Also, deep prolonged heat assists the body's "heat shock proteins" in promoting rapid healing. Get a heating pad to put over the effected areas and use it - as hot as you can make it without it becoming painful. Try as best as you can to get the heat deep inside.

Last edited by christ0ph; 12-26-11 at 11:59 AM.
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Old 12-26-11, 01:04 PM   #19
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I have joint issues that get BETTER when I ride my bike. I have a knee that gets sore and stiff when I sit around. If I go for a 20 mile bike ride, it feels fine when I get back.
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Old 12-26-11, 01:29 PM   #20
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The only thing better for weight-bearing joints is swimming - this was said to me by my Ortho. I have had knee issues for 30+ years, 8 surgeries and (so far) a knee and hip replaced. I have OA rather badly. Riding keeps my new knee loose and working. Can I ride like a kid? Nope! But nice easy long rides (smelling the scenery) are great for me.

Now if they could only replace a hand...
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Old 12-26-11, 01:39 PM   #21
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Shorter crank arms helped reduce pressure on my bad knees. Went from 175mm to 172.5mm crank arms and was able to increase the distance(by 5-6 miles) before discomfort would set in. I am thinking of going to 170mm crankarms. I am not going to get any faster, but I never was anyway.
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Old 12-26-11, 05:37 PM   #22
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Quote:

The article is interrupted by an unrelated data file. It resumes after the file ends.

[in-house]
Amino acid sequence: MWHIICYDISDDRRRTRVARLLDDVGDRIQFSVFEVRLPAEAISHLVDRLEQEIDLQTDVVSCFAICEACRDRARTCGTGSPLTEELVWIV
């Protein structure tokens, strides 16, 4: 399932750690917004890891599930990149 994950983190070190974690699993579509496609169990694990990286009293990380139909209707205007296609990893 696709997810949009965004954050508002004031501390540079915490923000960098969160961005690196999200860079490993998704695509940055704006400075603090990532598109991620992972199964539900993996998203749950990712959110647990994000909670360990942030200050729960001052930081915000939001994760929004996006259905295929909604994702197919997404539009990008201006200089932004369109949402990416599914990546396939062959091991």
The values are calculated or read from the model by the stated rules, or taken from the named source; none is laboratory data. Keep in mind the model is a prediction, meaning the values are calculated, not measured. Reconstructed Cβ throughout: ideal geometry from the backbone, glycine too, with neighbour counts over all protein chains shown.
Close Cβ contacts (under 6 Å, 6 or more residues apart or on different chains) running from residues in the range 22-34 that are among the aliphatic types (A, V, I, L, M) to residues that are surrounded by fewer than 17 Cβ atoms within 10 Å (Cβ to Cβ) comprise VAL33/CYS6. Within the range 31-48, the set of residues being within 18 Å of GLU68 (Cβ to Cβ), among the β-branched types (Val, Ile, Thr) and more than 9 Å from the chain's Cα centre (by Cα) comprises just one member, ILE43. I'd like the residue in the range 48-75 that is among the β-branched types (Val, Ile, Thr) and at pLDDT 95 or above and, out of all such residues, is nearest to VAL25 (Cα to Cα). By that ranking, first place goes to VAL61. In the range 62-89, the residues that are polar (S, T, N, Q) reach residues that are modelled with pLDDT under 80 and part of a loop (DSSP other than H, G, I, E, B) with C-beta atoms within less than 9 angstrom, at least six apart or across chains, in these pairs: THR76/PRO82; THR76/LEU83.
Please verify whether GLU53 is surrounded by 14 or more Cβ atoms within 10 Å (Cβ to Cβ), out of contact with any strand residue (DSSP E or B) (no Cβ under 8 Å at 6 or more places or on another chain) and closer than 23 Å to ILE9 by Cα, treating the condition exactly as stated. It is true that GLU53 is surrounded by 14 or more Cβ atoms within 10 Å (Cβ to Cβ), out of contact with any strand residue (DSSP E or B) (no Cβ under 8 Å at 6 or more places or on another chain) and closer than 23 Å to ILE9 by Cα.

Originally Posted by Allegheny Jet View Post
You can pedal through foot problems. After years of suffering with arthitis pain I had my ankle fused 2 years ago. I can ride all day now with no pain. Prior to the fusing I could ride but with discomfort after the ride.

As we get older most of us will have some cobbled parts.

T
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Old 12-26-11, 05:38 PM   #23
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Shorter crank arms helped reduce pressure on my bad knees. Went from 175mm to 172.5mm crank arms and was able to increase the distance(by 5-6 miles) before discomfort would set in. I am thinking of going to 170mm crankarms. I am not going to get any faster, but I never was anyway.
Good point. I use 165mm arms on my fixed gear bikes and don't have problems with my knees.
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Old 12-26-11, 07:19 PM   #24
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That ankle looks like it belongs to a carpenter who had a nail gun run amok!!
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Old 12-26-11, 07:35 PM   #25
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That ankle looks like it belongs to a carpenter who had a nail gun run amok!!
Wes
You just HAD to say that didn't you? It brought back a very bad memory, and its' all your fault.

I was building a Christmas set at a local church, in fact just a few miles from where I am now, and nailed two fingers together with a defective nail gun. Needless to say I let out with a loud, very unchurchlike expletive that silenced the entire crew and those practicing the drama.

A bit of Keflex and some bandages and the fingers were just fine. The gun was used by one other person who also injured himself, guess he didn't believe me. And, I was told I was forgiven of my sins in speaking that way.

Way OT, but it was a dramatic reminder.

Back OT: Like the TV commercial says "A body in motion tends to stay in motion, or words to that effect. Best I can figure exercise has no downside. It only wears out artificial joints. The rest exercise lubricates and keeps working. Go for it. There is no downside. By the way; I was older than you when I started cycling as a hobby.